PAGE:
By IHE Graduate Fellow Bridget Knuffke, a doctoral candidate in the School of Philosophy
Many Catholics are familiar with the story of Walter Ciszek, S.J., from his autobiography, With God in Russia. Father Ciszek, an American Jesuit priest, was assigned to missionary work in eastern Poland in 1938, which came under Soviet occupation not long after his arrival. With God in Russia documents the story of Ciszek’s arrest by the Soviets in 1941 under accusations that he was a Vatican spy, followed by five years of solitary confinement in a Moscow prison. His imprisonment led to a sentence of 15 years of hard labor in the Siberian Gulag, where he would go to great lengths to celebrate Mass with a tiny crust of bread. After a total of nearly 23 years in captivity, Ciszek was released and eventually returned to the Jesuit order in the US, where he had been presumed dead for 17 years. In fact, his Jesuit confreres had been offering Masses for the repose of his soul for years.
Ciszek’s faith shines through in his later book, He Leadeth Me, an account of his spiritual journey during his captivity in Russia. Needless to say, the prison and the Gulag are not optimal conditions for human flourishing. Yet his intense suffering bore fruit in simple spiritual insights which Ciszek shares throughout his book. God’s will for us, he realizes, is not some great and mysterious plan that we must guess for ourselves, for as Ciszek says, “Between God and the soul there are no insignificant moments.” God’s will is what he brings to us in each moment of each day, the special circumstances that we encounter as we go about our daily life: “The plain and simple truth is that his will is what he actually wills to send us each day, in the way of circumstances, places, people, and problems.” The trick, as Ciszek says, is to learn to see all of these things as God’s will for us, for our temptation is to overlook them because they are so constant, so petty, so humdrum and routine. We might prefer a more noble “will of God,” but we work out our salvation by responding with deep charity to each person and each task that falls our way.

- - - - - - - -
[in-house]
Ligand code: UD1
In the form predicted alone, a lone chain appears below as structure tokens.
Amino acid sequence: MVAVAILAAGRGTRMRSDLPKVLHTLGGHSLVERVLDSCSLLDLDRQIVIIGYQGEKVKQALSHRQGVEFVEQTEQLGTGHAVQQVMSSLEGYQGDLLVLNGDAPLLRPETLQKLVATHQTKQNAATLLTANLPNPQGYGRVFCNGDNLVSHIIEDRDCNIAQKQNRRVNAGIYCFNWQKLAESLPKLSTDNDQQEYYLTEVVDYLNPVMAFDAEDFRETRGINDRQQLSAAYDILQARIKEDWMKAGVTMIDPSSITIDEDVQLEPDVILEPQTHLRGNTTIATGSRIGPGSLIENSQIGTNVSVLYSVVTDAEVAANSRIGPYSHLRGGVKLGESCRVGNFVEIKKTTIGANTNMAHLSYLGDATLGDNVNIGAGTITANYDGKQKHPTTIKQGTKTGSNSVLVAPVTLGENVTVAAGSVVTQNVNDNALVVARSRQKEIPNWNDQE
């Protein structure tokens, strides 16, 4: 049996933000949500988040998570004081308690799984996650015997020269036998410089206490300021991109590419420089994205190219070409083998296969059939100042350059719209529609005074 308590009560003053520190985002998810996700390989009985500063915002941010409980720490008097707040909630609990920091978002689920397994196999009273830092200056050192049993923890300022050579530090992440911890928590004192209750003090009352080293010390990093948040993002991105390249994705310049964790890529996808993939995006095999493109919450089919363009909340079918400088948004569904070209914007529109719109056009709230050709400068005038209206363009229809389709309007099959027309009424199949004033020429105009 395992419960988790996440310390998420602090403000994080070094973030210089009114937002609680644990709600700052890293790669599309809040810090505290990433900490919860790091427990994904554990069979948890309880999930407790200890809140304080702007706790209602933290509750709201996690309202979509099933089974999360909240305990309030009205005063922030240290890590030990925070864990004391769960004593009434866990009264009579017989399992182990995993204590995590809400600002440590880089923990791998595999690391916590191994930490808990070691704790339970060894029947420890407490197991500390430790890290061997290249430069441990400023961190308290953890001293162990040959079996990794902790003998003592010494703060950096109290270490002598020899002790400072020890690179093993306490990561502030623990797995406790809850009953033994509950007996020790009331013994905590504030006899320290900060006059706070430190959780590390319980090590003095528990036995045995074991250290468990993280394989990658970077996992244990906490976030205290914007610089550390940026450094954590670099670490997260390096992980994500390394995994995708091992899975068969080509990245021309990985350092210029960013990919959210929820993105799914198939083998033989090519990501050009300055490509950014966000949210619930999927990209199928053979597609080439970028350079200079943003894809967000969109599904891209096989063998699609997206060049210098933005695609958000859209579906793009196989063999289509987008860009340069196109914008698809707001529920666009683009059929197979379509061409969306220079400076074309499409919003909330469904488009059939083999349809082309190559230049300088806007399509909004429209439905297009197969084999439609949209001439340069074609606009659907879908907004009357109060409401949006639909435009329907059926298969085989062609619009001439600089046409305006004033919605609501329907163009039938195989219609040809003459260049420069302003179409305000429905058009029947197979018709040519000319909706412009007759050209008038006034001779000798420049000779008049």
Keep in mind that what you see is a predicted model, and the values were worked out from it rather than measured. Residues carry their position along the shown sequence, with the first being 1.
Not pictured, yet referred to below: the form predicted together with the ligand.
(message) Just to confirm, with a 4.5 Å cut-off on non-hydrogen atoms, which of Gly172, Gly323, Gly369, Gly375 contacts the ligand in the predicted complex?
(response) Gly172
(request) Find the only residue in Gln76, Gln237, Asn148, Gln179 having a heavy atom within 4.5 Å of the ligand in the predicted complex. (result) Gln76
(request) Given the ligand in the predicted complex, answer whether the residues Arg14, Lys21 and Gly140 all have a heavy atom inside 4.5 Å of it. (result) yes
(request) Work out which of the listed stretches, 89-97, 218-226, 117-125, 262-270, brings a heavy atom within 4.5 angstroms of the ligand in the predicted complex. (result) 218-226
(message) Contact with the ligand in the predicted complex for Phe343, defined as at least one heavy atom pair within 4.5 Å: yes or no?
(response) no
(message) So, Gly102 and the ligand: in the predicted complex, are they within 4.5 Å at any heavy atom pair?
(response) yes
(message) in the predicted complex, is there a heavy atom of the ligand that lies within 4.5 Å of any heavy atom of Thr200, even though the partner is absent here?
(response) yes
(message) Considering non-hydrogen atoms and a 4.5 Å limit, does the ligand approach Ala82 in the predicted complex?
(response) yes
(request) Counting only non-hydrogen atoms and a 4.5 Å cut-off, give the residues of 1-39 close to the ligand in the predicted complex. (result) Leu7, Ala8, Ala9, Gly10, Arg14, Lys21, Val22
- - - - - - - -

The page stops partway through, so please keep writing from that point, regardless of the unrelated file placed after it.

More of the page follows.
The trouble arises when we inject too much of ourselves into our circumstances, relying on our own power or strength to achieve our ends. When we fail, shame and disappointment deter any future effort. Ciszek recounts the initial pride he had in his intense penances, strong will, and steady nerves; it is only when these fail him completely that he realizes his total reliance on God. Yet God does not ask the impossible of any man, overwhelmed though he may be by an NKVD prison, the whole Soviet system, the “status quo,” “city hall,” “the rat race,” the “establishment,” or the “whole oppressive, rotten world.” When we rely on ourselves, he says,
we can easily be overwhelmed by personal feelings of inadequacy or sheer physical powerlessness, by the realization of one man’s seeming insignificance in a corrupt world. We tend to concentrate on ourselves, we tend to think of what we can or cannot do, and we forget about God and his will and providence. Yet God never forgets each individual’s significance, his dignity and worth, and the role each has been asked to play in the workings of his providence. To him, each individual is equally important at all times. He cares. But he also expects each man to accept, as from his hands, the daily situations he sends him and to act as he would have him act and gives him the grace to act.
Ciszek’s spiritual insights, simple to grasp yet difficult to live, led to a life of heroic faith amid brutal and inhuman suffering. May we all strive to follow his remarkable and inspiring example.